Received 26 Aug 2014; Accepted 22 Feb 2015; Published 01 Jun 2015;

    Academic Editor:Kavitha menon, Research fellow , Human Nutrition, University of Otago , Dunedin, Newzealand

    Checked for plagiarism: Yes

    Review by: Single-blind

    Copyright©  2015 Rossella Negri, et al.

    Creative Commons License    This is an open-access article distributed under the terms of the Creative Commons Attribution License, which permits unrestricted use, distribution, and reproduction in any medium, provided the original author and source are credited.

    Competing interests

    The authors have declared that no competing interests exist.


    Rossella Negri, Andrea Smarrazzo, Martina Galatola, Antonietta Maio, Paola Iaccarino Idelson et al. (2015) Age Variation in Bitter Taste Perception in Relation to the Tas2r38 Taste Receptor Phenotype. International Journal of Nutrition - 1(2):87-98.
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    Recent discoveries related to the molecular domain of human taste have opened new avenues for the study of the relationship between inherited factors and food behaviour 1, 2. This is particularly important in children because an unprecedented change in food choices is modifying the shape of generations of children in affluent societies and in the upper class of developing countries as well as their health status. The ongoing epidemic of childhood obesity, which is particularly notable in the Campania Region (southern Italy), cannot be attributed to the advent of industrial foods alone. Indeed, current genomic profiles developed over thousands of years, while environmental changes are only one-generation old. Consequently, the relationship between genomic profile and food choice should be explored in relation to age and family environment.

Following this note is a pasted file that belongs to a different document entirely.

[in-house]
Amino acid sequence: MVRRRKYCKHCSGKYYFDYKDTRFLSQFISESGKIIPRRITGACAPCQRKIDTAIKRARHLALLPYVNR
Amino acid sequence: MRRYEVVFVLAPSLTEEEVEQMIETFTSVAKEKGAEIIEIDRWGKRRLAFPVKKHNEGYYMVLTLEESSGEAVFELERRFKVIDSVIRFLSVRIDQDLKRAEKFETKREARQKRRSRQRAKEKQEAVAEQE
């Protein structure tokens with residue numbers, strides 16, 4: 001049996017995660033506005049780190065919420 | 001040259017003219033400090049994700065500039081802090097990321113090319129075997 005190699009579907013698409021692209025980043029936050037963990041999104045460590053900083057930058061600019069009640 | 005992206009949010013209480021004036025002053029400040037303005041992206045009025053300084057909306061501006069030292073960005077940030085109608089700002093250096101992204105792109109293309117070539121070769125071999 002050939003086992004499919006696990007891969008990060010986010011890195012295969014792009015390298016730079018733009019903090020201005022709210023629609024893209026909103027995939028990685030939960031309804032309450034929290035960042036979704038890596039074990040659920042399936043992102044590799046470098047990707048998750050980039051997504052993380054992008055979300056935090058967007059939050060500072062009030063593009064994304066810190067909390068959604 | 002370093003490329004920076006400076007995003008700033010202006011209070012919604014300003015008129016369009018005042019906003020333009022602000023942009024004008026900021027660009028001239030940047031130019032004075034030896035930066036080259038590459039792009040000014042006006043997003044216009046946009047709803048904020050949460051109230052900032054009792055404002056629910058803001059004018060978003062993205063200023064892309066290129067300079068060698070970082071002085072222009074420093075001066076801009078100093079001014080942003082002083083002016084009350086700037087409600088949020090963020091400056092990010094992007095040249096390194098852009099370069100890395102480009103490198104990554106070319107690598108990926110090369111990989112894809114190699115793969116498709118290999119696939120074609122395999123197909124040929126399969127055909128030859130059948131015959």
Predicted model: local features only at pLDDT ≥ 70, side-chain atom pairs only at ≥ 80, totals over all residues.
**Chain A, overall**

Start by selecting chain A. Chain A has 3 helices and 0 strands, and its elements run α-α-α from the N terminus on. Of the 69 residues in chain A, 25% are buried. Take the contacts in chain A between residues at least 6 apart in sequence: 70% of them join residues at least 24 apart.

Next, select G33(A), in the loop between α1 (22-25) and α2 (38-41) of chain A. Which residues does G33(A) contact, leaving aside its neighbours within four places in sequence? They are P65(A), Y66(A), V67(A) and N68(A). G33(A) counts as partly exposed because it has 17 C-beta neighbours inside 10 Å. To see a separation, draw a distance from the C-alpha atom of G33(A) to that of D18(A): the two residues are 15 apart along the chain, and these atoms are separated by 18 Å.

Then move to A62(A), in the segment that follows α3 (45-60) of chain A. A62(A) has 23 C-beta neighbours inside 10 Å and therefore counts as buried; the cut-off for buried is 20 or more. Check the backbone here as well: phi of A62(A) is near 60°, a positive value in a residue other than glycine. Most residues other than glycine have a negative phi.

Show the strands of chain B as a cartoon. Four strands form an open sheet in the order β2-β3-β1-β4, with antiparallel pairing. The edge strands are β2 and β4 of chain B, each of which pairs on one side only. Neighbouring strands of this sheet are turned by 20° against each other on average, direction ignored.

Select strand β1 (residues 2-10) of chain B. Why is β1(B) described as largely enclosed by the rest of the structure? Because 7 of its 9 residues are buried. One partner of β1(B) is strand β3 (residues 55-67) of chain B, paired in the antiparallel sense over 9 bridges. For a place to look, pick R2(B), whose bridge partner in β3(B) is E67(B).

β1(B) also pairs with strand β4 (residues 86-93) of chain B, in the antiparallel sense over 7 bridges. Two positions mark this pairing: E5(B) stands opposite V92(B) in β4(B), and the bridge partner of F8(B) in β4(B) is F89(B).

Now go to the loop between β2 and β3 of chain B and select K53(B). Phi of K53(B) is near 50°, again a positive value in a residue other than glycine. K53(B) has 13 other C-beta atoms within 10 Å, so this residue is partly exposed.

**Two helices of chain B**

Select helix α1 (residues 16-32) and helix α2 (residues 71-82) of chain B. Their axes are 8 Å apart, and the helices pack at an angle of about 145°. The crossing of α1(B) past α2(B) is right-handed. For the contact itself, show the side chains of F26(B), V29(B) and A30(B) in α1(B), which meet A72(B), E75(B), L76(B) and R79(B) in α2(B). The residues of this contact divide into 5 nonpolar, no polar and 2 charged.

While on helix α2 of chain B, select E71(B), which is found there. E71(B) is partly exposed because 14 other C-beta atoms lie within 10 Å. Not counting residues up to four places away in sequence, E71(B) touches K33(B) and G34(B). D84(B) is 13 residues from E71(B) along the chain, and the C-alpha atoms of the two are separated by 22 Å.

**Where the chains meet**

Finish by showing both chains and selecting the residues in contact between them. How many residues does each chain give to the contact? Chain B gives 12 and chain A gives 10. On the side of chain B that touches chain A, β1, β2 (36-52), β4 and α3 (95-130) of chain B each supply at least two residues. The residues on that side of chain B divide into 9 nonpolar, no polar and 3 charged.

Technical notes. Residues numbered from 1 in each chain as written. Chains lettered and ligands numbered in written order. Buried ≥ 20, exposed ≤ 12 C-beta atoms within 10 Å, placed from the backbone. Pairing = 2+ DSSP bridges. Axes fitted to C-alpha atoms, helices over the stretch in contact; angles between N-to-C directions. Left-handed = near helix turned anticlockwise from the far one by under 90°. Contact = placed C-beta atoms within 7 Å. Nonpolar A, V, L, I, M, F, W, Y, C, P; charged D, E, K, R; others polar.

Food acceptance in children is clearly related to the inherited genomic profile of taste receptors, much more than in adults, since environmental and cultural factors experienced during the life have a strong relevance in shaping taste preferences.

    In fact, they much prefer sweet (energy) and reject bitter (potentially toxic) foods; consequently, they tend to avoid low energy-density foods like vegetables and fruit, and favour high-energy density-rich food such as sugars and fats3